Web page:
(ii)  the companies responsible for the underlying assets must have in place detailed emissions reduction plans that are disaggregated down to the level of individual operating subsidiaries;

(iii)  the asset issuers must report annually on the progress made towards these targets;

(iv)  the activities of the underlying assets must not significantly harm other ESG objectives.

By 1 January 2022, benchmark providers in the Union shall endeavour to market one or more climate transition benchmark and that benchmark will be regulated as a significant benchmark;

(23b) ‘Paris-aligned benchmark’ means a benchmark that is labelled as a Paris-aligned benchmark and where the underlying assets, for the purposes of point 1(b)(ii) of this paragraph, are selected on the basis that the resulting benchmark portfolio’s carbon emissions are aligned with the 1.5°C Paris Climate Agreement commitment and which is also constructed in accordance with the minimum standards laid down in the delegated acts referred to in Article 19a(2), and in which the underlying asset portfolio is not exposed to companies engaged in any of the following economic activities:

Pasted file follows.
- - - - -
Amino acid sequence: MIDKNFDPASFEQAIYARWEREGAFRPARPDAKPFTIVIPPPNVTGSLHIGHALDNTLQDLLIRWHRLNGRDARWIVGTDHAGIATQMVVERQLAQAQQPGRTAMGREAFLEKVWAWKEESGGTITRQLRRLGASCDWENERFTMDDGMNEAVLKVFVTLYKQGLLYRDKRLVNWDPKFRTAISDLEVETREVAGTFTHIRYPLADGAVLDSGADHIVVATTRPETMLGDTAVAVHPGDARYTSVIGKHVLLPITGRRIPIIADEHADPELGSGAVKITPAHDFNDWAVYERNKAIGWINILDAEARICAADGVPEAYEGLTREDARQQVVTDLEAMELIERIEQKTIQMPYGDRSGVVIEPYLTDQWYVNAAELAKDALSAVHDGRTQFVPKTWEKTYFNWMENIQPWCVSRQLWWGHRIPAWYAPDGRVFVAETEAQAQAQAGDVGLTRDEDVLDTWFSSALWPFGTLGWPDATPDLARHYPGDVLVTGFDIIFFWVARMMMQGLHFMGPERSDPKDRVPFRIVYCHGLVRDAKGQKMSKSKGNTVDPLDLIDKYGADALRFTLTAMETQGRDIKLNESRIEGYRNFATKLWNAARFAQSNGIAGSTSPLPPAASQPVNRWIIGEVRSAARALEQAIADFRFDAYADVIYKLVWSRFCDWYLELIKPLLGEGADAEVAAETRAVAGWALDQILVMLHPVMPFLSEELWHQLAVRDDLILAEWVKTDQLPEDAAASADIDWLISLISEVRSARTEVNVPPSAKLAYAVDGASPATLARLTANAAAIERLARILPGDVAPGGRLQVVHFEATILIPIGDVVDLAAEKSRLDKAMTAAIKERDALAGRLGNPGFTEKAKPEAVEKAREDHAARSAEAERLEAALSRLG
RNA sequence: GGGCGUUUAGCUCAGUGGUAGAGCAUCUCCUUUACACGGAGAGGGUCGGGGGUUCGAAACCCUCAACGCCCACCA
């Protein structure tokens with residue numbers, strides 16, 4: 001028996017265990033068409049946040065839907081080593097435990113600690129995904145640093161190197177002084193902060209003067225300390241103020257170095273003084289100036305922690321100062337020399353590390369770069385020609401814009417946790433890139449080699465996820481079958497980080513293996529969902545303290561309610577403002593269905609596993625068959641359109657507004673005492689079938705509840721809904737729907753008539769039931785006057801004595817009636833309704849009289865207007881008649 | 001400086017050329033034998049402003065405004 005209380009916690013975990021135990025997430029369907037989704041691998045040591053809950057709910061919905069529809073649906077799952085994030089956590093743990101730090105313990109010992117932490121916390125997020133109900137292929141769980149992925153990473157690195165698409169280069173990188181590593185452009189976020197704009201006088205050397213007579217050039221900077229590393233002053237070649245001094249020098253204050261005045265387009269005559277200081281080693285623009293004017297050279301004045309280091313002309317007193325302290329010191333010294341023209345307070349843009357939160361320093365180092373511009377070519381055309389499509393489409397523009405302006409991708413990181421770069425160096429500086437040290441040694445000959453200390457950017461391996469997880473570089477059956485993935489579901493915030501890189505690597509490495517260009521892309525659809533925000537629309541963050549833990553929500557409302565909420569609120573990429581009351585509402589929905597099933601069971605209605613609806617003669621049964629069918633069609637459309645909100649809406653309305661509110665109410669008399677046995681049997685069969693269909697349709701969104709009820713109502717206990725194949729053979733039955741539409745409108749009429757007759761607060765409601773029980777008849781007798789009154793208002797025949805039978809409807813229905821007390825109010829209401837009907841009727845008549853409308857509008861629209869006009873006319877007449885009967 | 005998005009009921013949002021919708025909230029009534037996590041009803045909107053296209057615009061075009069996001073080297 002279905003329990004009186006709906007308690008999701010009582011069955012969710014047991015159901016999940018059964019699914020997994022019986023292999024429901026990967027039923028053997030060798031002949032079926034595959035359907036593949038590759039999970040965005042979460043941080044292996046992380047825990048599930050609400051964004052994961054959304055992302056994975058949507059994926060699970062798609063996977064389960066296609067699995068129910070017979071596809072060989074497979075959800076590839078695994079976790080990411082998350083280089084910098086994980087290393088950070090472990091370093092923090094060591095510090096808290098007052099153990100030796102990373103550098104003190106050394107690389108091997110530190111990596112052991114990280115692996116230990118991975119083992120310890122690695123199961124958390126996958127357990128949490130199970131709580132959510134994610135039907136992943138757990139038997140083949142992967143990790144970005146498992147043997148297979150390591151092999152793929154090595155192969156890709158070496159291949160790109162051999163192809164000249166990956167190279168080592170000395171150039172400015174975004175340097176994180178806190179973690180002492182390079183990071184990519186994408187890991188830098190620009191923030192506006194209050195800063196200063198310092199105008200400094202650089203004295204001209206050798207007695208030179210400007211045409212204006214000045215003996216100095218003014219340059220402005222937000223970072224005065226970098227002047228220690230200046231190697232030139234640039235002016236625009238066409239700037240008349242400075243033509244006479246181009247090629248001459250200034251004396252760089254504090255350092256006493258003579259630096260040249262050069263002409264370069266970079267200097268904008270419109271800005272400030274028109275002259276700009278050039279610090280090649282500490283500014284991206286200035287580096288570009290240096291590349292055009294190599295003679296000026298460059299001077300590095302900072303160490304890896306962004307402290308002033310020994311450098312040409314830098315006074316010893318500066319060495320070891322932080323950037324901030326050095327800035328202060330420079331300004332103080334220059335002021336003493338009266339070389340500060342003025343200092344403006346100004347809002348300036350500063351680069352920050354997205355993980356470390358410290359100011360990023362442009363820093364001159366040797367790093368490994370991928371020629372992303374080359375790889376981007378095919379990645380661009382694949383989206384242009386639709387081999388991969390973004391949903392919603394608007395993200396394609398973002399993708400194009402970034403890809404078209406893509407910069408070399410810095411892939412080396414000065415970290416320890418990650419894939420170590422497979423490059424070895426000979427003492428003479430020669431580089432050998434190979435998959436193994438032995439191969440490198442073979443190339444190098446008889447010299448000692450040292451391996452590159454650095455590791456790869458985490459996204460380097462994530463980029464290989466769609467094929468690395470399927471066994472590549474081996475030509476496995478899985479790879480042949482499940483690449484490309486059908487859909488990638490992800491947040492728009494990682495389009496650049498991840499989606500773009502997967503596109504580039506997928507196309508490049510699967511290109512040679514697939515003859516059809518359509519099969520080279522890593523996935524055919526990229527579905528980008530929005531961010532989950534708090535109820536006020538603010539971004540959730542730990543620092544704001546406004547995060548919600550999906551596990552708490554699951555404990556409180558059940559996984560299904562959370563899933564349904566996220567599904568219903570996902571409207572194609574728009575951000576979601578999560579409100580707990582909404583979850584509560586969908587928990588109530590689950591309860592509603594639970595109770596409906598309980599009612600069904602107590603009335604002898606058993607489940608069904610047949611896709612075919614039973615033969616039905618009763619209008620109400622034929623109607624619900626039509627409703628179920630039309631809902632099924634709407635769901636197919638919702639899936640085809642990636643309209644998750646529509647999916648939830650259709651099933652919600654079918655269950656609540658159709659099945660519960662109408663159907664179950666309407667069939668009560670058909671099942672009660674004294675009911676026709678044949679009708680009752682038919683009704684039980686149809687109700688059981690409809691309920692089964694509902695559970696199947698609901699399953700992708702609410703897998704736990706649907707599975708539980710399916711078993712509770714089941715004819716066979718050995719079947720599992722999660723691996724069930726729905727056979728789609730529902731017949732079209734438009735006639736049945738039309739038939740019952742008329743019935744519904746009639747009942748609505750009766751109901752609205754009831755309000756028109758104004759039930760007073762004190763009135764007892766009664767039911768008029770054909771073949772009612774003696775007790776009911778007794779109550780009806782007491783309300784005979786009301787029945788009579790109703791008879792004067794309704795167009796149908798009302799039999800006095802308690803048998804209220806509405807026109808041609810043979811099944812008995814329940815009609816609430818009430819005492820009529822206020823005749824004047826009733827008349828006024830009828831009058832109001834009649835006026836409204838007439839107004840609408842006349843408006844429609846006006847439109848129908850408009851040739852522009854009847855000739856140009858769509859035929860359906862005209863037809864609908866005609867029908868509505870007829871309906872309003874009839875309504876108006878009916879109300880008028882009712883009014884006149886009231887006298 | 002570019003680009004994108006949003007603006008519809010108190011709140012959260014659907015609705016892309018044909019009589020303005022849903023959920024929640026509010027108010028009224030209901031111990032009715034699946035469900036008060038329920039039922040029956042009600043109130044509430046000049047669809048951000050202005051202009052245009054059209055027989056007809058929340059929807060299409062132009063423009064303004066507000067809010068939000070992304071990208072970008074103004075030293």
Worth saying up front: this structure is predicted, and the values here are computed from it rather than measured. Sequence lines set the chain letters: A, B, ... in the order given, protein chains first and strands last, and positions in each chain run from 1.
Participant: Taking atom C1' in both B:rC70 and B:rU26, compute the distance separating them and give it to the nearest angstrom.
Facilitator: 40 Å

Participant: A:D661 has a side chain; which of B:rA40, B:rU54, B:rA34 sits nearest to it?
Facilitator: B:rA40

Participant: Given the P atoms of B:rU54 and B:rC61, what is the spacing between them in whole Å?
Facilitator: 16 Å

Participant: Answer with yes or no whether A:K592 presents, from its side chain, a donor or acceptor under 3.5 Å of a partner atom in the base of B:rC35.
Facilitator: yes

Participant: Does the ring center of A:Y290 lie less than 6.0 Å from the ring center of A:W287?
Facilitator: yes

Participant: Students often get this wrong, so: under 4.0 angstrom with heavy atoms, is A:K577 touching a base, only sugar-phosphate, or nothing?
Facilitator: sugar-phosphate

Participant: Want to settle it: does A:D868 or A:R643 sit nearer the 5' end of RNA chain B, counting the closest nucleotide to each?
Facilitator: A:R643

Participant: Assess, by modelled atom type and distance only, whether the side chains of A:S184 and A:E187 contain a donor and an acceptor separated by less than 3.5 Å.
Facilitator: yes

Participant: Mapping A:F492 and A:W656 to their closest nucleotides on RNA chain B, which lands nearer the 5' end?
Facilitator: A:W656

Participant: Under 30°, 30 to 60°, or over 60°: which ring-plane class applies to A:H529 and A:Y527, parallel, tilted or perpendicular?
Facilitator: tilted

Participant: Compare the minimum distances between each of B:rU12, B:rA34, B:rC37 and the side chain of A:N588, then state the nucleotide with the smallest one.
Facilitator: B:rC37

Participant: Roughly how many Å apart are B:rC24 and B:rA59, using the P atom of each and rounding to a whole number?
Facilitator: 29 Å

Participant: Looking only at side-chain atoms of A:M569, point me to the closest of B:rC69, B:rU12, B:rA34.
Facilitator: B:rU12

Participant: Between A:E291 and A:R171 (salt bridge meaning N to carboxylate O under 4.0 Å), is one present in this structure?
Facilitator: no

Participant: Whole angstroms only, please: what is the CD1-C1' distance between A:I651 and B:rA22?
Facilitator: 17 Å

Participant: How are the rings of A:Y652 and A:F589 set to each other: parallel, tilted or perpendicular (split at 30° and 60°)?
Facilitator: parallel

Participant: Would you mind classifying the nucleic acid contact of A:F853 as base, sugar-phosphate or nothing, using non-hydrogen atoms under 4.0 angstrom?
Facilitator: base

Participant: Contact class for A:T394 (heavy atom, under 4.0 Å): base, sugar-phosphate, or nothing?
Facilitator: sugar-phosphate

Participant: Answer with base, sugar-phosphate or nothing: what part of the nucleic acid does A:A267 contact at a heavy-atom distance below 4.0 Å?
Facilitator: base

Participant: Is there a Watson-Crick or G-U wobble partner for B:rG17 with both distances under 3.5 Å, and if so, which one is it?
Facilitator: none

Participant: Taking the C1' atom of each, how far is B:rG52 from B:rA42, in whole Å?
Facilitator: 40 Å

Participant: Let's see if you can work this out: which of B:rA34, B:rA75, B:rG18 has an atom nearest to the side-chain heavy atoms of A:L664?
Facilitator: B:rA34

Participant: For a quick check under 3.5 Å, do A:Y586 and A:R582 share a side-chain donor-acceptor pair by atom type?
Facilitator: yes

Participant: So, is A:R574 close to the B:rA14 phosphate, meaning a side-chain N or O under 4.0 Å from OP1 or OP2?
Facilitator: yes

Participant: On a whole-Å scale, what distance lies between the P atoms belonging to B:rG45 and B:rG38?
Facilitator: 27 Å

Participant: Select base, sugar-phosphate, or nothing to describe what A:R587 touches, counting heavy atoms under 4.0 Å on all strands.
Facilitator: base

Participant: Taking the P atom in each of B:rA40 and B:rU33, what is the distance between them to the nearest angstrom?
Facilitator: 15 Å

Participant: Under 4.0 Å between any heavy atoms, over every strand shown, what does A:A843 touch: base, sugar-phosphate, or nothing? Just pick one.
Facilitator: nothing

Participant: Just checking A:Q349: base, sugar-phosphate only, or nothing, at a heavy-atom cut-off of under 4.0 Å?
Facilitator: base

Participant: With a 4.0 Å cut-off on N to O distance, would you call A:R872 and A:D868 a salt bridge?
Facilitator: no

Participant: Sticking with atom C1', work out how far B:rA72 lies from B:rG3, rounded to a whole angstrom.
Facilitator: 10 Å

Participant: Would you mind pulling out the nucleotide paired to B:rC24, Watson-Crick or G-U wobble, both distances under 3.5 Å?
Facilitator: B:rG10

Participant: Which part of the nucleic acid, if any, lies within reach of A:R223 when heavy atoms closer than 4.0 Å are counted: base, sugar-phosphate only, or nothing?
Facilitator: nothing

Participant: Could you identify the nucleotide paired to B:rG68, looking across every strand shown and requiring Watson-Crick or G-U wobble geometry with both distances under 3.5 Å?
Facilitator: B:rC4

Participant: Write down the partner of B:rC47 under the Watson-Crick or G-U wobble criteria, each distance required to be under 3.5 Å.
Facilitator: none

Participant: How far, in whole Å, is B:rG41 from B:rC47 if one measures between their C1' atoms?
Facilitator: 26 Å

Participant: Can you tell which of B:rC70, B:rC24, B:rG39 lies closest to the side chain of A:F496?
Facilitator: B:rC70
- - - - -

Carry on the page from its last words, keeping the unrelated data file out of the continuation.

the exploration, extraction, distribution and processing of fossil fuels;

  the construction and maintenance of power plants that burn fossil fuels.

The activities of the underlying assets shall not significantly harm other ESG objectives.

By 1 January 2022 benchmark providers in the Union shall endeavour to market one or more Paris aligned benchmark and that benchmark will be regulated as a significant benchmark;

(23c) ‘decarbonisation trajectory’: means a measurable, science-based and time-bound trajectory to reduce scope 1, 2 and 3 and carbon emissions towards the alignment with the long-term global warming target of the Paris Climate Agreement.”;

2.  Article 13 is amended as follows:

(a)  in paragraph 1, the following points (d) and (da) are added:

“(d) an explanation of how the key elements of the methodology laid down in point (a) reflect environmental, social or governance (‘ESG’) factors for each benchmark or family of benchmarks ▌;

“(da) an explanation of how the benchmark or family of benchmarks impact the climate, notably their degree of alignment with the objectives of the Paris Climate Agreement;”;

(b)  the following paragraph 2a is inserted: